Wine has been fascinating and intriguing people across the world for centuries and while a lot of conversations, analysis, and research have been about the wine in the bottle, ever wonder how many conversations or research have been done on the cork that holds the liquid tight in the bottle.
Such conversations are most likely to be fascinating for wine experts, wine producers or winetrepreneurs and wine educators or coaches.
Wine corks come in a variety of different shapes and sizes. Corks may all look and feel the same, brown in colour and made in wood, or the simple ones that can be detached with a few twists and turns. However, the fact is that all corks are not as similar as they look, they're all made differently and some of them are not corks at all!!
There is a world of wine corks to be explored out there, and this world is as fascinating and intriguing as the wine itself.
The Natural Cork
This is a single piece of cork that is taken from the bark of the oak tree. It is elastic and can be compressed, when fitted into the wine bottle. The cork assumes the shape of the neck of the bottle, thereby providing an airtight seal to prevent oxygen from going in and spoiling the wine.
Secondly, it is porous, which means it allows minuscule quantities of oxygen, over a long period of time, to enter the bottle, which in turn makes the wine softer, mellower, and thereby open up its aromas and flavours.
Being natural, it is recyclable, biodegradable, and renewable and loved by wineries that are environmentally conscious.
Corks are expensive, and at times almost three times the price of a good screw cap! Which makes sense for the natural corks to be used only on those wines that are expensive, that are premium, and intended for long-term aging
The Agglomerated Corks
These are also called cost-effective corks. If observed closely, an agglomerated cork is not a single piece of cork, it is many pieces and larger pieces of cork, stuck together by some kind of a plant raisin or glue and by using pressure.
The downside of these corks is that if it’s made from very low-quality cork granule material, then it tends to disintegrate, which is not favourable at all, especially if one wants to hold the wine for a longer period, room temperature or in the refrigerator. At such times, the cork granules are likely to drop into the liquid and when poured, they could come along with the wine in the glass. Not a feel-good factor.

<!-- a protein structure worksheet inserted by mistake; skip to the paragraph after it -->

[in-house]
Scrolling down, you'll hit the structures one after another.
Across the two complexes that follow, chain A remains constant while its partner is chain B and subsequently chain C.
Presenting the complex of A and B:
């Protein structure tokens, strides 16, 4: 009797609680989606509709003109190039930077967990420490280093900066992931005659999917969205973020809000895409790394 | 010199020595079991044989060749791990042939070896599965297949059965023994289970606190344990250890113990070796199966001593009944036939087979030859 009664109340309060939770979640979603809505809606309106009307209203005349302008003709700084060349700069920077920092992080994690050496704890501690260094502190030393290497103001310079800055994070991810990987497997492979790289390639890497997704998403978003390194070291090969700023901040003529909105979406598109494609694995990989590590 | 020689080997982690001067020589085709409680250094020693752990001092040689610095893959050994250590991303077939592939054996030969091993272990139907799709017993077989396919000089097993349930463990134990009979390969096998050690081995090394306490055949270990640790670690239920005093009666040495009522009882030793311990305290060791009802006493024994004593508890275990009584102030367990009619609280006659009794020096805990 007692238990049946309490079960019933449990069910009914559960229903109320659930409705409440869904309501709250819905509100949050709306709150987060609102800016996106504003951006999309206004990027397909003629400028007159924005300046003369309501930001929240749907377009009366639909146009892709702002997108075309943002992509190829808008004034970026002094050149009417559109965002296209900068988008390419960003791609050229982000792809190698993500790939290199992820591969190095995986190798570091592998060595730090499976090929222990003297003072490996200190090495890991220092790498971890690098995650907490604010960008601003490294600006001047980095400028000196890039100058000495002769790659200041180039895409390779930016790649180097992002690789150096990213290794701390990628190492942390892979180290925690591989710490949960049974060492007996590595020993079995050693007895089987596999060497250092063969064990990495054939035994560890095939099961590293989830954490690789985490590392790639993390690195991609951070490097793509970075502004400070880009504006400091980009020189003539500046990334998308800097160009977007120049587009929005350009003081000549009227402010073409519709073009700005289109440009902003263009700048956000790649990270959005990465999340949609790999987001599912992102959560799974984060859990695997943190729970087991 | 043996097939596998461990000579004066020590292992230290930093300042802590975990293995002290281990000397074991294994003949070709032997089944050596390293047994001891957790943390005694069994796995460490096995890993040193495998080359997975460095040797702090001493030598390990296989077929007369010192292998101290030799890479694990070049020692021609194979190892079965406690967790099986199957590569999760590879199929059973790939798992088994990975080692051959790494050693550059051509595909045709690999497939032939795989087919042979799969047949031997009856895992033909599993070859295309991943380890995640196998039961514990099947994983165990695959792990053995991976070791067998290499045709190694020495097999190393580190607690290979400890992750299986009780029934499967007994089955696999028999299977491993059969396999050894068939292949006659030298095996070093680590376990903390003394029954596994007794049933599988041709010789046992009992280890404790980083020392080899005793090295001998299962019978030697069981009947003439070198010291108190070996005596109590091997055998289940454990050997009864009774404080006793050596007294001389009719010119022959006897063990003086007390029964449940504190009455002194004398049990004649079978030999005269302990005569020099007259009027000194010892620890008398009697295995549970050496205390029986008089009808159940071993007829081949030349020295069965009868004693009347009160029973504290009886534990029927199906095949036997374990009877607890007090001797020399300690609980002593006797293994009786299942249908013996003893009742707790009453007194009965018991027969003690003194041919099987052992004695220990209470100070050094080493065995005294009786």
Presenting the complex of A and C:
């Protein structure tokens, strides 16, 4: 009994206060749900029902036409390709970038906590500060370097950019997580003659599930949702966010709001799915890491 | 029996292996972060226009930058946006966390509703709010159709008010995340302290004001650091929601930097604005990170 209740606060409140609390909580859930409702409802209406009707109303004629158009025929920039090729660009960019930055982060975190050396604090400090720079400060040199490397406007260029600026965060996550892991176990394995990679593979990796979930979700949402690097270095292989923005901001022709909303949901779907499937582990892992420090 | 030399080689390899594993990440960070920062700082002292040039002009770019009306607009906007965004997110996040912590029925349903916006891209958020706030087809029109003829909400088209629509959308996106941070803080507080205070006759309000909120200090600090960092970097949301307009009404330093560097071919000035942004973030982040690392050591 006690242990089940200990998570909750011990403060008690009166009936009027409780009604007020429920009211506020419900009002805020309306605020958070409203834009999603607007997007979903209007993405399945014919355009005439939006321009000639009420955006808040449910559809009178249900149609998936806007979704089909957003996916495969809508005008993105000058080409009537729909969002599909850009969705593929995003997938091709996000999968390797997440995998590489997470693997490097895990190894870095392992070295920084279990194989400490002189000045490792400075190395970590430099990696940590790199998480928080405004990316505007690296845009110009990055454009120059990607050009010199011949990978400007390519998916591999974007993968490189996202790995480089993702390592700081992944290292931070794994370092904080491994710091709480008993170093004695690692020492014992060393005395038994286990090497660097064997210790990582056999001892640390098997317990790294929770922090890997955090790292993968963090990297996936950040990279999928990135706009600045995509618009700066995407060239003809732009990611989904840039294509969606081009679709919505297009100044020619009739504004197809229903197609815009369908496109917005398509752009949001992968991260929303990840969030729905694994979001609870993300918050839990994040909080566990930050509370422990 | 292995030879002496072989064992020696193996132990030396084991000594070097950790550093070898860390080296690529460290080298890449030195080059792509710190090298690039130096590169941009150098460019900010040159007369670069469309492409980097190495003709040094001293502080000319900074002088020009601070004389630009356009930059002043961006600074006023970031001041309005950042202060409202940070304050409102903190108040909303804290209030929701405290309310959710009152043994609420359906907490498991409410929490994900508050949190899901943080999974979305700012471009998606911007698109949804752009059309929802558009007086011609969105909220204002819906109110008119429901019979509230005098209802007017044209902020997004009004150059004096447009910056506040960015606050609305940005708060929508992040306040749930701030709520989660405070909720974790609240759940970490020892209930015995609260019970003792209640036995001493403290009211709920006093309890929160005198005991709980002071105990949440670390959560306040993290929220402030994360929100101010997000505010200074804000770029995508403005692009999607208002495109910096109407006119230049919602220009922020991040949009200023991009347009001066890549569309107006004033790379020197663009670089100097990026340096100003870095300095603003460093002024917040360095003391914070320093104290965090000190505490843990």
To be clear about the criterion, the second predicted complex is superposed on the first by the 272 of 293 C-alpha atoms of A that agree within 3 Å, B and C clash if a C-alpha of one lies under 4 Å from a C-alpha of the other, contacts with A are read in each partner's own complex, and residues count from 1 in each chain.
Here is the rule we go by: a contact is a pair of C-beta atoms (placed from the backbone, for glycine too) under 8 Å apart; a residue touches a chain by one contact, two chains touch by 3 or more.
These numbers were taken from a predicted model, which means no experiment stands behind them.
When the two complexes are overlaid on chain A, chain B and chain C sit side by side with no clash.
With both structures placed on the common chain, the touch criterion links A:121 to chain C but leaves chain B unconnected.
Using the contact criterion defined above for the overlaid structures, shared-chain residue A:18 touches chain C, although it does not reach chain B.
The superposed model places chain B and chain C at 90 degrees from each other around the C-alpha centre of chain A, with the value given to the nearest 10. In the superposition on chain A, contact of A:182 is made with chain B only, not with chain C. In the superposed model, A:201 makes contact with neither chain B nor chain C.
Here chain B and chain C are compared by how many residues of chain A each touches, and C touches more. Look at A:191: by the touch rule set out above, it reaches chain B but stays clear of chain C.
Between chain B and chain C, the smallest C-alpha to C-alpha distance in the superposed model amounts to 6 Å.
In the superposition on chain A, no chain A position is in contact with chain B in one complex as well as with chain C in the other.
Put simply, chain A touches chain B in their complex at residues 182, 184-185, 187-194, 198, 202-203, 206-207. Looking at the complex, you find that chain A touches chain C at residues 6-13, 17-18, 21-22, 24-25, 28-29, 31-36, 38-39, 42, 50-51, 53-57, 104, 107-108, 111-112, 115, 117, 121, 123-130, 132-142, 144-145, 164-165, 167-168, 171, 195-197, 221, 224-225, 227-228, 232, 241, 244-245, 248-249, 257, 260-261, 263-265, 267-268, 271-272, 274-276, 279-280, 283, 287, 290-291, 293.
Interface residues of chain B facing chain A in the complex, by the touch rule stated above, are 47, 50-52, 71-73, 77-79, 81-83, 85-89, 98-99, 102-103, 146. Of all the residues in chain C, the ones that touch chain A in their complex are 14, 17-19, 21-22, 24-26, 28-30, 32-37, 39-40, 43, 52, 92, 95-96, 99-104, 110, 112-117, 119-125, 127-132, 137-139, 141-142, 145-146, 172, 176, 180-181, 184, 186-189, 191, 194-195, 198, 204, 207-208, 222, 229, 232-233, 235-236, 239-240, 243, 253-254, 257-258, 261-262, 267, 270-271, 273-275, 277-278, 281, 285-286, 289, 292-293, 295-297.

Typically, agglomerated corks look like a mushroom, especially the ones that are used for sparkling wines. In an agglomerated cork, while the top part is made of large pieces of cork granules aligned with a glue and compressed with pressure to make it a single piece, the lower part that touches the wine inside, that is in fact two or three or even a single disc of Natural Cork. So, the high-quality material at the bottom is the natural cork and, the fascinating part is that this stopper is shaped cylindrically. So, over a period of time, the part that is compressed inside the bottle remains lean. Whereas, the part that is outside looks like a button mushroom because it expands and when uncorked, assumes the shape of a mushroom even as it was cylindrical in shape when fitted in.
These are manufactured by companies that produce inexpensive wines, and are keen to keep costs under control.
Plastic corks are hard, lack the elasticity, the porosity, and once uncorked, it is best to finish the bottle of wine, as these corks are a challenge to be fitted back in.
However, the bright side of plastic corks is that they come in a variety of attractive colours and that is fun.
The next time you're uncorking a bottle of wine, don't just pay attention to the wine inside the bottle, but also, take a moment to look at what is the type of cork that has been used to close the wine bottle with and that in itself should give you lots of clues and thoughts about what type of, what style of wine it's got to be.
Is it meant for long-term aging, or is it meant for early drinking? That's a perfect clue for you, unless it's a piece of natural cork and if it's any of those others like an agglomerated cork, chances are you need to drink it slightly earlier than later.
Originally published May 10, 2022